Goal-shy soccer team needs to take advantage of chances

Tariq Engineer

The Lawrence University men’s soccer team continued their struggles in front of the goal this weekend. While Coach Blake Johnson has tightened the defense considerably, this year the offense has presented a different set of problems. The team employs a 4-4-2 formation (four defenders, four midfielders and two forwards), with a flat back four. This system has eliminated the defensive frailties of last year, but has left the forwards somewhat isolated up front. The team has scored a woeful seven goals in nine games so far with a shot percentage of 9.5% (7 for 74).

Lawrence was beaten 0-2 at home by Carroll College on Sept. 30 to drop to 1-3 in the conference and 3-6 overall. Possession was fairly even throughout the game, the difference being Carroll converted their chances while Lawrence did not.

Carroll College opened the scoring at the eight minute mark when Matt Zidron scored on an assist from Joe Snyder. Andy Matson then put the game out of Lawrence’s reach just 23 seconds into the second period on an assist from Brian McCabe.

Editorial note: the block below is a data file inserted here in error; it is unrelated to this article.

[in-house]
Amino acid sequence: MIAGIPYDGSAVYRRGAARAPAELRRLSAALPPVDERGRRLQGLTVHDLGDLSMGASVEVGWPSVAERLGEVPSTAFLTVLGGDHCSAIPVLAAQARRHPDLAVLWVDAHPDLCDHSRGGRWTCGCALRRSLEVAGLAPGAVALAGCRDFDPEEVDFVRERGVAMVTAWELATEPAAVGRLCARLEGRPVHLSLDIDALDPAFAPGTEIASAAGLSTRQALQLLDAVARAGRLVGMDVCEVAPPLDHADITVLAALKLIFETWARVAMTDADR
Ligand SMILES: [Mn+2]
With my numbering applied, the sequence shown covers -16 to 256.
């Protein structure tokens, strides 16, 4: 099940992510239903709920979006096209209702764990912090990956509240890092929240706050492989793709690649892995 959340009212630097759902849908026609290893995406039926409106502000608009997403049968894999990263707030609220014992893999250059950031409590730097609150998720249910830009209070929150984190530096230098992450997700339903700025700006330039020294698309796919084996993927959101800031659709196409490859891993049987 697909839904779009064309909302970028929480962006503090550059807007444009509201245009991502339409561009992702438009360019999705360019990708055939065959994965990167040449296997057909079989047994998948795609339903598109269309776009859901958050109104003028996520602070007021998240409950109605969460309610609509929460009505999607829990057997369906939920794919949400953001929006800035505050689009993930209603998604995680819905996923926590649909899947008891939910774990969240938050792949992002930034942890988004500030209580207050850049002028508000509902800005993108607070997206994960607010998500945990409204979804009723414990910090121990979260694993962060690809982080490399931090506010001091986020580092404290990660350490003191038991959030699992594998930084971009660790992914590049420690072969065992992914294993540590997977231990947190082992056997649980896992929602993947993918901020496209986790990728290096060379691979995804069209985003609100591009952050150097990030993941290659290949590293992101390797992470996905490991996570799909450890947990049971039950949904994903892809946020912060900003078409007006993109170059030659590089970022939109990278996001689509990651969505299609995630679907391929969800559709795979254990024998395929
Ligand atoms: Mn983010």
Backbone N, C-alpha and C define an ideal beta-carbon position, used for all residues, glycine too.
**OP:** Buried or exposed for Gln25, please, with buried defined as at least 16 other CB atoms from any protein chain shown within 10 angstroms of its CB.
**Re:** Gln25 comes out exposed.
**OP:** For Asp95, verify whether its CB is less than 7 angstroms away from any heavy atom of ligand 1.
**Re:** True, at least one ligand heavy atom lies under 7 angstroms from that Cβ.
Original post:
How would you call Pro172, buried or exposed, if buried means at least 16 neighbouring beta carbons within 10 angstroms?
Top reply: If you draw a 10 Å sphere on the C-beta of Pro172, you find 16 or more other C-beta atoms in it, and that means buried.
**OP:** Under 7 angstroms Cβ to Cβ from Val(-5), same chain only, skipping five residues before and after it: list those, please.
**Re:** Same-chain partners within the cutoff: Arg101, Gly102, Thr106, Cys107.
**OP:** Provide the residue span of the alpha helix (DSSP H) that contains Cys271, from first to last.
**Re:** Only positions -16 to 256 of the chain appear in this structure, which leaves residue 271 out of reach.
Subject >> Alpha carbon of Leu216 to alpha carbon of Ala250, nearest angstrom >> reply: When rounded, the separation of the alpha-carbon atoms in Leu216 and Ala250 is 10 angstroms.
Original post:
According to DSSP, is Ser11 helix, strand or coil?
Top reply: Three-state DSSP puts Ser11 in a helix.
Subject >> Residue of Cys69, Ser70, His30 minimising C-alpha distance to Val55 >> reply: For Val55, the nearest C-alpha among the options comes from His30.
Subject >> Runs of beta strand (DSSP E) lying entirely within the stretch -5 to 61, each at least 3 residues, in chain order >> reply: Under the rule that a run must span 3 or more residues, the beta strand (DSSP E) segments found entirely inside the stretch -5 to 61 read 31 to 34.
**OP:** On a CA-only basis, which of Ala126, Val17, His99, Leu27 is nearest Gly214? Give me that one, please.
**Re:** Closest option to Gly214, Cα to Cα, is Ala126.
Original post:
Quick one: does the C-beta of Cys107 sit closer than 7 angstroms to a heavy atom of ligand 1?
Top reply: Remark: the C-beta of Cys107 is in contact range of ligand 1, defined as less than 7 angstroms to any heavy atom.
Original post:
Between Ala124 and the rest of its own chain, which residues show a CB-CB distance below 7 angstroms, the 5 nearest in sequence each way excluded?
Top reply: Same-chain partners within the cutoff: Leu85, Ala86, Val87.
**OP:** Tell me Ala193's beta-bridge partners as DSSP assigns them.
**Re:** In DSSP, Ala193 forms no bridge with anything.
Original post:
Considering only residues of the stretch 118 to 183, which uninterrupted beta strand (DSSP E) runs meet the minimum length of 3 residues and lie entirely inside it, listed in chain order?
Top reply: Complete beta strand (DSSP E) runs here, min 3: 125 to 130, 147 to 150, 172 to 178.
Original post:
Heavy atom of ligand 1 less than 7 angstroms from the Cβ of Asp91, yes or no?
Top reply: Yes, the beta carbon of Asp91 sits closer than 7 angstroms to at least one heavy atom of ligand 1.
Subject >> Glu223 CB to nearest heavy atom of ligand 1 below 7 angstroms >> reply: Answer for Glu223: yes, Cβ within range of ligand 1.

On Sept. 28, Lawrence hosted Clarke College in a non-conference match. Dan Putterman won the game for Lawrence with a goal in the 32nd minute.

Mark Wendling broke down the right side and crossed for Putterman to one-time a shot into the opposition net from the left edge of the box.

The 1-0 score, however, fails to reflect the dominance of the home team. In the first period alone, Lawrence outshot Clarke eleven to three.

Eight more opportunities passed by in the second period as the home team continued to apply pressure, only to falter at the crucial moment.

Team captain and central defender Tom Conti says, “We tend to fall apart when we have the ball in the attacking third of the field. What we need is to bear down more. We create chances, but we don’t seem to be able to finish them.”

Lawrence’s next conference game is away at St. Norbert on Oct. 10. The team’s chances of making the MWC Championships in November hinge on them winning this game. Should they lose, they would need to win their remaining four conference games; a tall task for any team, let alone a team who averages less than one goal per game.